min_var_portfolio

Investment Weight | |
---|---|

AAPL | 0.133215 |

YHOO | 0.196214 |

GOOG | 0.260885 |

MSFT | 0.261103 |

ALTR | 0.023642 |

WDC | 0.006199 |

KLAC | 0.118743 |

We will also compare it to the largest eigenvalue’s eigenportfolio:

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# Largest eigenvalue eigenportfolio
D, S = np.linalg.eigh(covariance_matrix)
eigenportfolio_1 = S[:,-1] / np.sum(S[:,-1]) # Normalize to sum to 1
eigenportfolio_largest = pd.DataFrame(data= eigenportfolio_1, columns = ['Investment Weight'], index = tickers)
# Plot
%matplotlib inline
import matplotlib.pyplot as plt
f = plt.figure()
ax = plt.subplot(121)
min_var_portfolio.plot(kind='bar', ax=ax, legend=False)
plt.title("Min Var Portfolio")
ax = plt.subplot(122)
eigenportfolio_largest.plot(kind='bar', ax=ax, legend=False)
plt.title("Max E.V. Eigenportfolio")
print(min_var_portfolio)

```
Investment Weight
AAPL 0.133215
YHOO 0.196214
GOOG 0.260885
MSFT 0.261103
ALTR 0.023642
WDC 0.006199
KLAC 0.118743
```

Now let’s test the algorithm on returns data and compare it to the eigenprofile related to the largest eigenvalue.

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def get_cumulative_returns_over_time(sample, weights):
return (((1+sample).cumprod(axis=0))-1).dot(weights)
in_sample_ind = np.arange(0, (returns.shape[0]-training_period+1))
out_sample_ind = np.arange((returns.shape[0]-training_period+1), returns.shape[0])
cumulative_returns = get_cumulative_returns_over_time(returns, min_var_portfolio).values
cumulative_returns_largest = get_cumulative_returns_over_time(returns, eigenportfolio_largest).values
f = plt.figure(figsize=(10,4))
ax = plt.subplot(121)
ax.plot(cumulative_returns[in_sample_ind], 'black')
ax.plot(out_sample_ind,cumulative_returns[out_sample_ind], 'r')
plt.title("Minimum Variance Portfolio")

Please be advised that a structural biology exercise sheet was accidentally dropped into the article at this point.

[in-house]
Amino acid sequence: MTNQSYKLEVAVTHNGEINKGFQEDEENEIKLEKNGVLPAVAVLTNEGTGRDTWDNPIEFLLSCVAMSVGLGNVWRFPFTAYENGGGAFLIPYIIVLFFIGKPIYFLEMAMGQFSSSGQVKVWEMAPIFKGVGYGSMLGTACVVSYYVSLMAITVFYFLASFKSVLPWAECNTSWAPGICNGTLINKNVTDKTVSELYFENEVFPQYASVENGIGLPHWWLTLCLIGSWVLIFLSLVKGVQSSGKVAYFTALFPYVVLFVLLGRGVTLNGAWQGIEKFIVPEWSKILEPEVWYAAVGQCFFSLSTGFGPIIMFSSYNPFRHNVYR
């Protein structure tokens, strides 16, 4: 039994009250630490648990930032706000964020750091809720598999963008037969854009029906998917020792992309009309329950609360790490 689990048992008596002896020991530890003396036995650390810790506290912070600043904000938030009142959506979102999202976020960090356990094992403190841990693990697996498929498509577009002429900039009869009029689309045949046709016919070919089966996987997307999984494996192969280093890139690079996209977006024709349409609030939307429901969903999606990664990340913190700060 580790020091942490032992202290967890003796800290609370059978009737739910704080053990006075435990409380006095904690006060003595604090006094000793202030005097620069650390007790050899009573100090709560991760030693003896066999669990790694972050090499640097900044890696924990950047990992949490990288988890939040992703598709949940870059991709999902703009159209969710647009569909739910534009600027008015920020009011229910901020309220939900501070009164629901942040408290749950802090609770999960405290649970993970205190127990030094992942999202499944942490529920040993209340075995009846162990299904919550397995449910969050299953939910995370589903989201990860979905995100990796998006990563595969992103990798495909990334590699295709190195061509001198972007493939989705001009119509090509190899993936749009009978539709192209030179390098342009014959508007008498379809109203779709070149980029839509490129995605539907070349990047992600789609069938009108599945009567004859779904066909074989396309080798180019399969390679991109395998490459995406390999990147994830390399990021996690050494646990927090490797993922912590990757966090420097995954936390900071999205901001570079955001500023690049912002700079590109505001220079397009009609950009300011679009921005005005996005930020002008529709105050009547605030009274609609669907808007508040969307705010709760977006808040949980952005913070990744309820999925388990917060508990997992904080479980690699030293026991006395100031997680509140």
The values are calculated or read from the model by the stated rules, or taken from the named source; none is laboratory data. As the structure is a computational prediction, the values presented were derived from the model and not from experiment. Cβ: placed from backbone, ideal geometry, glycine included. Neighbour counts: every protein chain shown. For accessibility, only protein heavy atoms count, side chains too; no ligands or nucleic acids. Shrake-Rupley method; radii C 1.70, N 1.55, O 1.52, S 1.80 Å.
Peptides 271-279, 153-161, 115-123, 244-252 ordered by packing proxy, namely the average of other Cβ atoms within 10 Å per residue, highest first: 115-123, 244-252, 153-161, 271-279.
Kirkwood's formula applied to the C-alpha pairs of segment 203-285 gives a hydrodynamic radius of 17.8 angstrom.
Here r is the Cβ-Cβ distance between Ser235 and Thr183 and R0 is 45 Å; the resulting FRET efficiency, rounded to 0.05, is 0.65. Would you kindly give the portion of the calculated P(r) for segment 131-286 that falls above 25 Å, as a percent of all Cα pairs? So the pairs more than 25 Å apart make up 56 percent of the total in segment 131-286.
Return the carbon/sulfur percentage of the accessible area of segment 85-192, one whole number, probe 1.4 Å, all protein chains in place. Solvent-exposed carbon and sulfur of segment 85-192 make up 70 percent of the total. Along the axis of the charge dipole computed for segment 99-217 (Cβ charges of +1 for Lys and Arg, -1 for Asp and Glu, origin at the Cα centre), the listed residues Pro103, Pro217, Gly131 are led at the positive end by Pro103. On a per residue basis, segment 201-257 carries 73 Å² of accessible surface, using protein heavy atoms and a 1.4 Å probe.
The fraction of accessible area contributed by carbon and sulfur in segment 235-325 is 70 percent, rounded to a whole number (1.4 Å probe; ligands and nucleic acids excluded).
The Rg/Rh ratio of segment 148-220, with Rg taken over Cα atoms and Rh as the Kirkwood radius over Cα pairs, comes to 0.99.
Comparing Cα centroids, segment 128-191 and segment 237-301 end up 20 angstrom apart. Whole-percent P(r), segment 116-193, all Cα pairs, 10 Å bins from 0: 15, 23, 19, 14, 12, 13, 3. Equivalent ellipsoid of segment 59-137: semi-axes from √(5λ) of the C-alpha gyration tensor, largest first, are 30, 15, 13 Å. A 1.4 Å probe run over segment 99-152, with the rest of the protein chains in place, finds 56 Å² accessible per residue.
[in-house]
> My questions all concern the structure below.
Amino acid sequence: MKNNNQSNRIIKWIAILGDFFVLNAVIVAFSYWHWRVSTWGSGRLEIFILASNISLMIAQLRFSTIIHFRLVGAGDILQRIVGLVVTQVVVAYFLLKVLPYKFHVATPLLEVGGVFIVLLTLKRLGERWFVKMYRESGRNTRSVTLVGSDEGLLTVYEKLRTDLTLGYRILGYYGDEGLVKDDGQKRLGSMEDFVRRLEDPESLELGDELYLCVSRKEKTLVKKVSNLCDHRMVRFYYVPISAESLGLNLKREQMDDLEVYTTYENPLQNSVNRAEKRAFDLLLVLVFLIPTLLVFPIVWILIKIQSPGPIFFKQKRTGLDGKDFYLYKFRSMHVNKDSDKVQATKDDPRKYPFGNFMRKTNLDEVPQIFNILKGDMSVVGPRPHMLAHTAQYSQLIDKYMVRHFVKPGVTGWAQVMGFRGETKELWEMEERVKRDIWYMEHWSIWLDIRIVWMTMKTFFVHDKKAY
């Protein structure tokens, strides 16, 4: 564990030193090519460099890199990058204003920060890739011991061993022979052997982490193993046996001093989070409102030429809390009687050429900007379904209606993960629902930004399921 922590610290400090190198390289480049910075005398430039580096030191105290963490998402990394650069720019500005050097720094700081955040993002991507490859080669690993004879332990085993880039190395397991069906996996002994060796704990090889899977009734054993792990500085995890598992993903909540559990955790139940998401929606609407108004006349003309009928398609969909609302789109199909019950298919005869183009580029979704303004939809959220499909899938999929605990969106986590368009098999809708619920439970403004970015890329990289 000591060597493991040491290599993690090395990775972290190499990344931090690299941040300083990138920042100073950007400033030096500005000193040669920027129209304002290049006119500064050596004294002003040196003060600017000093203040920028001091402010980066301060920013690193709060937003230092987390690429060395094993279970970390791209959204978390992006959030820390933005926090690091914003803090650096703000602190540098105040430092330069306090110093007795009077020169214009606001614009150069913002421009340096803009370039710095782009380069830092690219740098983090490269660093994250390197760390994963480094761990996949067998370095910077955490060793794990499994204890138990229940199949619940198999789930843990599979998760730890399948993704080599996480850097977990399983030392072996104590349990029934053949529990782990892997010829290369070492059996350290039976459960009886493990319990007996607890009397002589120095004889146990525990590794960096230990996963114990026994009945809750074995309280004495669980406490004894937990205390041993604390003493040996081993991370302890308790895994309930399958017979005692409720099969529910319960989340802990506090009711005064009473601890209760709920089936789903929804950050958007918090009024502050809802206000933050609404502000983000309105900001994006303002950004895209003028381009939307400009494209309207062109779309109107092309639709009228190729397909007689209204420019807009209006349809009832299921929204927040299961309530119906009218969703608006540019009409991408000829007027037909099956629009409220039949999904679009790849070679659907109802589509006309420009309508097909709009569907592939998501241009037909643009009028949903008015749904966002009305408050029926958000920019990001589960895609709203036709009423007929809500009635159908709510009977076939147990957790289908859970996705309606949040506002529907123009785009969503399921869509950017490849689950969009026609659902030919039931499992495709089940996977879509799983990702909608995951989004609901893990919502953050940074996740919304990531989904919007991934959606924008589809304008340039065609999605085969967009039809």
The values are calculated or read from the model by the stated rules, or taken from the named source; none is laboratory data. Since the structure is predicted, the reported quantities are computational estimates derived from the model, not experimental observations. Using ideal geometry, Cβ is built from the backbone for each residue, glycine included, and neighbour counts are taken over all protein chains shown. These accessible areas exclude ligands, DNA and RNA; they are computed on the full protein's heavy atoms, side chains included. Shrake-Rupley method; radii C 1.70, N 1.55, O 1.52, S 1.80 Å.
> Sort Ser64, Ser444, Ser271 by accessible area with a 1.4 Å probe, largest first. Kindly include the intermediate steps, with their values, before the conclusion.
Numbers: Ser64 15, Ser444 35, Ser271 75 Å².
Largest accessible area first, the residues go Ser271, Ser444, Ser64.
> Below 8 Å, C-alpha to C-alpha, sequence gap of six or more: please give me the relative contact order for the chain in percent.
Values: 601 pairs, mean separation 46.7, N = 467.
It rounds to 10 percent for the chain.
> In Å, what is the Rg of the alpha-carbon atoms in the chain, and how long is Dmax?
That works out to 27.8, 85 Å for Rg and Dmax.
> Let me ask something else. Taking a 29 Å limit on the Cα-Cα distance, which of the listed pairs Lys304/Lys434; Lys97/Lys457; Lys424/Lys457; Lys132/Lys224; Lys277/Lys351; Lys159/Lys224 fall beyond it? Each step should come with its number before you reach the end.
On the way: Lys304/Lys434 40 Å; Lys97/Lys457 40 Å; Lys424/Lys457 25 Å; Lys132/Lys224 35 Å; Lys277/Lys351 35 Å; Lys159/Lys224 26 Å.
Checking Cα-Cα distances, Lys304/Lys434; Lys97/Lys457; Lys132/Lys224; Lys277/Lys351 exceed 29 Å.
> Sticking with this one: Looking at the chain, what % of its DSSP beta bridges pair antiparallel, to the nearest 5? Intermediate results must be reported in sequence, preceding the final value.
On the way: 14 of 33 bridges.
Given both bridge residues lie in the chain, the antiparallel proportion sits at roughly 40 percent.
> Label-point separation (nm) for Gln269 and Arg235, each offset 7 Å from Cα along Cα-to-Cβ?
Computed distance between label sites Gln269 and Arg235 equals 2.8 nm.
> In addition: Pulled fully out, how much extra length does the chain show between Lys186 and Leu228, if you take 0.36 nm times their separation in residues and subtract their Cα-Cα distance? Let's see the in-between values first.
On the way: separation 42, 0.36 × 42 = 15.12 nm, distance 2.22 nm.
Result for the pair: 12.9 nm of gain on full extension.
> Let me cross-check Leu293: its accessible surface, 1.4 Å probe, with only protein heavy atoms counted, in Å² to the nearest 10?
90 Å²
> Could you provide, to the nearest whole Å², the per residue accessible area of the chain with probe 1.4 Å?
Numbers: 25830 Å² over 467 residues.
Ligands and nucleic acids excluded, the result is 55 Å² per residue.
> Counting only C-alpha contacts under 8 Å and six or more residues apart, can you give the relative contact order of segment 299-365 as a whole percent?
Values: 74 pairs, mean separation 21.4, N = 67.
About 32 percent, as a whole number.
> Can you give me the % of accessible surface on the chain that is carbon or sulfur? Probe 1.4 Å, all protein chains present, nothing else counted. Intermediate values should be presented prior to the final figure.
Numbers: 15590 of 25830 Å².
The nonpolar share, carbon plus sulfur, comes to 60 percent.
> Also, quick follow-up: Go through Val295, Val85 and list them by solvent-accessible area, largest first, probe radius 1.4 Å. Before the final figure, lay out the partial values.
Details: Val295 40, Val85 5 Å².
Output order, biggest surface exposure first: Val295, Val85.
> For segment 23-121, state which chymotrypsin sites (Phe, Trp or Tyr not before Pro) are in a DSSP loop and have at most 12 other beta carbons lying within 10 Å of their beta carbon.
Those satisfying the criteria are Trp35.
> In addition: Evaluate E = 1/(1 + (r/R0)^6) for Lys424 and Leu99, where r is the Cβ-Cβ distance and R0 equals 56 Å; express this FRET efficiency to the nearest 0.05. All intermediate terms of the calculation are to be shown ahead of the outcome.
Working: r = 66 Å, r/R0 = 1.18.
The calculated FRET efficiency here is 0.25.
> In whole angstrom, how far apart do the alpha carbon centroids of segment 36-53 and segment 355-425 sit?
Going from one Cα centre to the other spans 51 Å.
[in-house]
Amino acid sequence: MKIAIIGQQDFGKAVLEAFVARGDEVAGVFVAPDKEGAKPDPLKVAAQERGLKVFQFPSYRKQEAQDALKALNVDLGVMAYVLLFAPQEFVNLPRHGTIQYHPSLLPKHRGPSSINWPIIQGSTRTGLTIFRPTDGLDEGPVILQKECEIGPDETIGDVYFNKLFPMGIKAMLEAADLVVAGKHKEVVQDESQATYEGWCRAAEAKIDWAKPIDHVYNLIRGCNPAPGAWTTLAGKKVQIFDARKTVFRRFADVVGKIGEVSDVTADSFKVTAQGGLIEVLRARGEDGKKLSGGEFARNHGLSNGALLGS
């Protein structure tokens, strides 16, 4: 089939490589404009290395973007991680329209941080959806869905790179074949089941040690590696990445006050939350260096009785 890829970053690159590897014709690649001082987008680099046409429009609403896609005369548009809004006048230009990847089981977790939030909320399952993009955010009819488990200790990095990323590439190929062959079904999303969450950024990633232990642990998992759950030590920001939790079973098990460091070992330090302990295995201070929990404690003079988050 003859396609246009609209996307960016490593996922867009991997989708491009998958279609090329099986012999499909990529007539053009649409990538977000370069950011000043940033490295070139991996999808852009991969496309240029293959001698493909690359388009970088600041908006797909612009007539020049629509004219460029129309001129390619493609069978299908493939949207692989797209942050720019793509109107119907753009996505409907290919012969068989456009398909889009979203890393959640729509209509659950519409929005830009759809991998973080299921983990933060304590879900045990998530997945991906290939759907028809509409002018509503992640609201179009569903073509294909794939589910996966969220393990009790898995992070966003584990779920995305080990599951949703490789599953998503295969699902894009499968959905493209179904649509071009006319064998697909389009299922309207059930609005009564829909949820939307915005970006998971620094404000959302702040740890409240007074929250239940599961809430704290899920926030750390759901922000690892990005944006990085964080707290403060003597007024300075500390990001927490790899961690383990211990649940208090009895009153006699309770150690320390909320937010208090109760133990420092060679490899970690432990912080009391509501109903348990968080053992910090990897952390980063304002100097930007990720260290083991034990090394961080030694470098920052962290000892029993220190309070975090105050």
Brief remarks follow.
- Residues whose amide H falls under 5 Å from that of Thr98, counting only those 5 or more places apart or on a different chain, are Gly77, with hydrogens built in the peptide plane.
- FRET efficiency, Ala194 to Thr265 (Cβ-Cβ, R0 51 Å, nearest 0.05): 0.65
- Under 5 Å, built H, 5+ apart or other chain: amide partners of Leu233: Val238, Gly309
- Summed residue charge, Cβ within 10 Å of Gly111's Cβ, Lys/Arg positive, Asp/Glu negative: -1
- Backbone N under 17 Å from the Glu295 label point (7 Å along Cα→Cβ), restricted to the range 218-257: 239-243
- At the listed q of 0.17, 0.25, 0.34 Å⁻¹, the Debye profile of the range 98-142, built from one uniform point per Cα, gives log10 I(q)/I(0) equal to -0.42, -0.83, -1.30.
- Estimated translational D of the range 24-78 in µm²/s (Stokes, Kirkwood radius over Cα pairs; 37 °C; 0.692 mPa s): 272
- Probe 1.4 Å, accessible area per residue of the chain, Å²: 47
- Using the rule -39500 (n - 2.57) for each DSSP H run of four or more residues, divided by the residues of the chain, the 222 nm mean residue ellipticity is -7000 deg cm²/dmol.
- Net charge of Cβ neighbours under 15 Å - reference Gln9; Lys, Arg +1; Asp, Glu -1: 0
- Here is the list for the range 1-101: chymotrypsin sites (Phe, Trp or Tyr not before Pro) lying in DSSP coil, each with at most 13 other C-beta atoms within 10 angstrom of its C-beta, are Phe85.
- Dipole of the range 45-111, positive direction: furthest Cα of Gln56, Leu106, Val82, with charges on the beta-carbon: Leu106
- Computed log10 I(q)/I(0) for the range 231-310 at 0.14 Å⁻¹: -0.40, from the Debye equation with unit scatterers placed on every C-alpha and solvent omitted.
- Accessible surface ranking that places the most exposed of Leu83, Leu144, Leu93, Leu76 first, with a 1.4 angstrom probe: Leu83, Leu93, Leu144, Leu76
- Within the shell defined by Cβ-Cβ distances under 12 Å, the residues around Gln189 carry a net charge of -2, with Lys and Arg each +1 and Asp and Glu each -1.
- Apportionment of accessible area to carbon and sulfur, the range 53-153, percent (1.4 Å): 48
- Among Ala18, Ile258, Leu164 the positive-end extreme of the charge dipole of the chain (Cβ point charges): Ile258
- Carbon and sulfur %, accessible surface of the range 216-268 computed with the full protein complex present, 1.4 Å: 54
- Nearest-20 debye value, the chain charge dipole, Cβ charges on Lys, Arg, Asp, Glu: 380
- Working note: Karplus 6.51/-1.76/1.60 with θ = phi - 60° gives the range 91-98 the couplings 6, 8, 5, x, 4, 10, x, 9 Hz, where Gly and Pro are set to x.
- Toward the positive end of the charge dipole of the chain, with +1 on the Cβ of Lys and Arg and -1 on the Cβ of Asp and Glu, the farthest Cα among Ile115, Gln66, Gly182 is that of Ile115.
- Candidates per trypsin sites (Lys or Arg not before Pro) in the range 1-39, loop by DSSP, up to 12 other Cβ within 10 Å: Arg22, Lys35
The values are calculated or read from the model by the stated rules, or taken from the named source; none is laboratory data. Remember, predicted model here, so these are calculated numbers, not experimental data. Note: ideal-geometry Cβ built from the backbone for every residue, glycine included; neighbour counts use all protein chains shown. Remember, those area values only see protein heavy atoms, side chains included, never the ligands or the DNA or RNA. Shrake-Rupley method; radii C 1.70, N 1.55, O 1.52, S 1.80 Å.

ax = plt.subplot(122)
ax.plot(cumulative_returns_largest[in_sample_ind], 'black')
ax.plot(out_sample_ind,cumulative_returns_largest[out_sample_ind], 'r')
plt.title("Eigenportfolio")

The minimum variance portfolio did not beat the eigenportfolio (with the most variance), but it had less variance! Usually, this type of portfolio could be blended with other strategies to try to guarantee some returns in bad times. If we didn’t trust our math, we could calculate this variance like so for verification:

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# Variance = w^T Sigma w
largest_var = np.dot(eigenportfolio_1, np.dot(covariance_matrix, eigenportfolio_1))
min_var = np.dot(min_var_weights, np.dot(covariance_matrix, min_var_weights))
print('The eigenportfolio has a variance of %f.\nThe minimum variance portfolio has a variance of %f'
% (largest_var,min_var))

```
The eigenportfolio has a standard deviation of 0.000139.
The minimum variance portfolio has a standard deviation of 0.000092
```

## Additional Modeling Constraints

You can extend this problem by adding more constraints or terms to the function we with to optimize.

### “Efficiency” Portfolios

Let \(\mu\) be a vector of expected (linear) returns for each stock. Then you can calculate the minimum variance portfolio according to a given return \(\gamma\) for a period \begin{equation} \min_{w} w^T \Sigma w \end{equation} subject to \begin{equation} w^T \mathbb{1} = 1\end{equation} \begin{equation} w^T \mu = \gamma. \end{equation} Notice, this approach gives you the minimum variance for a set return over a period… hence, “efficiency”. This formulation also has an exact solution that can be solved via Lagrange multipliers.

### No Short Sales

Adding the constraints \(w_i \geq 0\) for all stocks \(i\) to any portfolio optimization problem will give us a solution with no short sales. This already would make life much easier for a basic backtesting algorithm, and for the common investor to implement as an investing strategy. However, this problem would typically be solved with a quadratic programming solver (not analytically like we have done thus far).